Among American scientists Karl was known as "Polanyi's brother."
The "real Polanyi" was Michael. Michael Polanyi studied medicine
and physical chemistry in Budapest and at the end of World War I settled
in Germany where he won his reputation for work as a physical chemist at
the Kaiser Wilhelm Institute. But he was interested in economic questions,
and when he moved to Manchester he was appointed professor of sociology.
Since his retirement he has given himself to the philosophy and epistemology
of science and has Iectured extensively in England and in the United States.
Karl and Michael were the best known of the Polanyi family, but it is their
Laura Polanyi Striker, who accomplished the most unusual feat. Cecil-mama did not think rnuch of her daughter, or so the gossip goes, and nicknamed her "Mausi" (Mousy), but Mausi became a historian, was active in peace movements, and came to this country. Here she was called upon to rule, once and forever, on the veracity of Captain John Smith and his account of his adventures. A bitter controversy had flared up at various times on the credibility of his stories of voyages, fights, loves, and captivity in Hungary and Transylvania. It was claimed by some scholars that the battles he described were never fought. If so, Captain Smith was a fabricator of tales whose whole around including information about early Virginia, could not be trusted. Captain Smith's biographer Bradford Smith felt that only a Hungarian scholar would be able to investigate the matter satisfactorily. He turned to Karl Polanyi for advice, and Polanyi suggested his sister Laura. Though she was almost seventy years old, she accepted the assignment with zest. She delved into old documents in Hungarian, Latin, and English that she found in the United States and into the material that was sent to her by J. Franz Pichler, archivist of the Central Archive of Styria in Graz, Austria, whose research she directed by correspondence. She established dates of battles and other events, and found conclusive evidence in favor of Captain Smith's stories. Thus she reaffirmed his reputation. When Bradford Smith's biography was published in 1953, it contained a scholarly appendix about Captain Smith's travels in Hungary by Laura Polanyi Striker. Four years later, she published as corroborative evidence her own translation of the Latin manuscript of Henry Warton's The Life of John Smith, English Soldier and accompanied it with a learned essay on Captain Smith in seventeenth-century literature.
The Polanyi tradition continues. Laura Polanyi Striker's daughter Eva Zeisel is a successful designer in New York, where she settled in 1938. Trained as a painter at the Academy of Fine Arts in Budapest, she was attracted by the craft movement in central Europe of which the Bauhaus was the inspirer and acquired experience in designing china for mass production. China and pottery remained her chief specialty, but she has also designed tubular metal chairs, lamps, and other household articles. She is one of only two industrial designers for whom the Museum of Modern Art has arranged a one-man show, and she has participated in many exhibitions in America and abroad. Through her fifteen years of teaching at the Pratt
Institute her influence has spread and her pupils are in leading offices of industrial design.
In the hearts of most Hungarians in America there lingers a pride in their national origin, which is somewhat different from the mild nationalism of other foreign-born. It is as if they felt that being a Hungarian was an asset in American life. Géza Róheim, the psychoanalyst, is said to have cultivated his national character consciously and proudly and pushed Hungarianism, to its extremes. When László Moholy-Nagy was compelled to raise funds for the New Bauhaus only months after its opening and his arrival in America, all he could rely on for success, according to his wife Sibyl, was "his personality-alertness, enthusiasm, Hungarian accent, and personal magnetism. . . ." A saying attributed to Eugene Wigner and widely circulating among Hungarians puts the matter in a nutshell: "To be a Hungarian is not all, but it helps, it certainly helps."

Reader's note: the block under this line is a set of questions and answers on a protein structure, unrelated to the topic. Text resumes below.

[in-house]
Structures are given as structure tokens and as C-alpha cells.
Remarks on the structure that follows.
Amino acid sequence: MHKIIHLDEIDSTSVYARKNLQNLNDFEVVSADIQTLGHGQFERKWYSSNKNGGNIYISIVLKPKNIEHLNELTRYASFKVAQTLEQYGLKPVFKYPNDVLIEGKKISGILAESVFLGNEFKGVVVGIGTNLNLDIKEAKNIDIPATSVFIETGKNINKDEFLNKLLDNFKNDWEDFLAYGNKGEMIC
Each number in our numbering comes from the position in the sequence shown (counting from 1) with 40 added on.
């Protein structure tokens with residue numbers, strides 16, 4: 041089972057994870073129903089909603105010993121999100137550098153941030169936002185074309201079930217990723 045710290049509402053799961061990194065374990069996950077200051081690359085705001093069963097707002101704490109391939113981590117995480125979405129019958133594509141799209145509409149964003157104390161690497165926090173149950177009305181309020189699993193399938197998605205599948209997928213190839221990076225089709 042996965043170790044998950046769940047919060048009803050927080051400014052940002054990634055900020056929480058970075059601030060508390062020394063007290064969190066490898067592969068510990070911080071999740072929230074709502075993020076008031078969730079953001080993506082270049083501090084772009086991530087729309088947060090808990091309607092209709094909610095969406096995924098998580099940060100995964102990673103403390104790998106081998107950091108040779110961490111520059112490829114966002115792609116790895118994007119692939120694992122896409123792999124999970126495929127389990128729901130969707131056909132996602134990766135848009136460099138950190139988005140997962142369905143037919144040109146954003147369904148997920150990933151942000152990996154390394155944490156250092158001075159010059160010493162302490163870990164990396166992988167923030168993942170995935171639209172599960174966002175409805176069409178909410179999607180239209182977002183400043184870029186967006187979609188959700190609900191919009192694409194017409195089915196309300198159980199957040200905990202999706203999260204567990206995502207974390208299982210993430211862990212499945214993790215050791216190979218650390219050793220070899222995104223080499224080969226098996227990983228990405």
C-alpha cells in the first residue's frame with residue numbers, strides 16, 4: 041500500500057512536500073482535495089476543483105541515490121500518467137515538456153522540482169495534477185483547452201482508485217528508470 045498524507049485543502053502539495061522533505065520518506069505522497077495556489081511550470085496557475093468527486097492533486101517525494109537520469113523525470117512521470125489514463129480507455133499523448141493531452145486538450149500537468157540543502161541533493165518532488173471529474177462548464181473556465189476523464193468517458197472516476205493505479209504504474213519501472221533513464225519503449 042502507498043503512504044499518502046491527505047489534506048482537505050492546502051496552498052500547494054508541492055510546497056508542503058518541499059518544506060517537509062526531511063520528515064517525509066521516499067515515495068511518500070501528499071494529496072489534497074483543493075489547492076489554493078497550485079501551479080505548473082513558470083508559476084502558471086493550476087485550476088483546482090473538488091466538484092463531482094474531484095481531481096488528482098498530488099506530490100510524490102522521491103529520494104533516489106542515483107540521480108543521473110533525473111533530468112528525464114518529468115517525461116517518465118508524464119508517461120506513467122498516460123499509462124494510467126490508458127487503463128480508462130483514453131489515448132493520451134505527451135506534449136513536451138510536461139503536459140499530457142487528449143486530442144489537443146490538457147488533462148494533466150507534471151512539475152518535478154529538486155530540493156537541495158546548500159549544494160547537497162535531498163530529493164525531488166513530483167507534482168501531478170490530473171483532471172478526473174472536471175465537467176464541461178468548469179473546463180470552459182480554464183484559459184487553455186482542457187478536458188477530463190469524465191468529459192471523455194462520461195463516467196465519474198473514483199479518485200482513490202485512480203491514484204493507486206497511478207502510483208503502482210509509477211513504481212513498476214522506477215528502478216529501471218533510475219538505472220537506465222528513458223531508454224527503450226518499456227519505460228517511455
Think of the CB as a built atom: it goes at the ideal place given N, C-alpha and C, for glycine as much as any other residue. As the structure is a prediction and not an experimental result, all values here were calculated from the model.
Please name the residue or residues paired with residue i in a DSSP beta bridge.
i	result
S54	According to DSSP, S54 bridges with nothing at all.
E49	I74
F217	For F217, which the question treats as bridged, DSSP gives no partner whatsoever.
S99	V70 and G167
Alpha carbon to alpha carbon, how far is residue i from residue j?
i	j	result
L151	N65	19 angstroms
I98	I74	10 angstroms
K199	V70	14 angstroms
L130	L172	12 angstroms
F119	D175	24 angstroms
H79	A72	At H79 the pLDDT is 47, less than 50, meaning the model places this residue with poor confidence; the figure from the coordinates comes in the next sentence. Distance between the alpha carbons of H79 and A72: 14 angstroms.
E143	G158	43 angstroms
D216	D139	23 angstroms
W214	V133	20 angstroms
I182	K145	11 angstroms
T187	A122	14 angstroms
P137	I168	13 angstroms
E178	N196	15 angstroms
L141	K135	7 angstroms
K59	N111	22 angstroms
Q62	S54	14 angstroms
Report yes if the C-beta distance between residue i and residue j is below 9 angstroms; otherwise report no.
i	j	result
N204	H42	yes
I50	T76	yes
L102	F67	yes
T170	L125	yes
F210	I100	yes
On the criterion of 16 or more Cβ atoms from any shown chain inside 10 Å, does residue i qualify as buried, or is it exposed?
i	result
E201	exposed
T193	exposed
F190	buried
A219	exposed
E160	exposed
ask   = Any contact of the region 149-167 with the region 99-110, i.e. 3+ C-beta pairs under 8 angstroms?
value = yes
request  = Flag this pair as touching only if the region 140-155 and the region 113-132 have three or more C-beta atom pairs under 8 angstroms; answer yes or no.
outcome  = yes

Not only the jokes about themselves and their peculiar traits but also their great contributions to America single out the Hungarians as a group. The names of Wigner, Szilard, Teller, and Von Neumann are in all histories of the wartime atomic project. Outside the atomic field, Von Neumann's greatest influence was as principal inventor of the large computers that smooth the functioning of modern life. Before his death in 1964, Szilard Iaunched the idea for and directed the organization of the Council for a Livable World, an imaginative plan by which our relations with the Communist world might be improved through an intelligent steering of American foreign policy. Wigner is still moving ahead on that path of physics and technology which has already given us atornic weapons and atomic reactors. And Teller may yet see one of his great projects come true: world government achieved through temporary military strengthening, the manipulation of weather by man, and the abatement of air and water pollution in the state of New York (he was a consultant to Governor Rockefeller). To von Karman also Americans have a debt of gratitude: he is regarded as the man who had the greatest influence on the development of high-speed air- craft in the United States and was repeatedly an adviser to the air force and the leader of programs to develop the first jet propulsion and rocket motors. If Béla Bartók and the United States did not understand each other in his lifetime, after his death he has made a triumphant corneback and is now a favorite of American musical audiences, who acclaim him as one of the great modern composers.
(Laura Fermi: Illustrious Immigrants. 2nd Ed. The Intellectual Migration from Europe 1930/41, p.111-116.)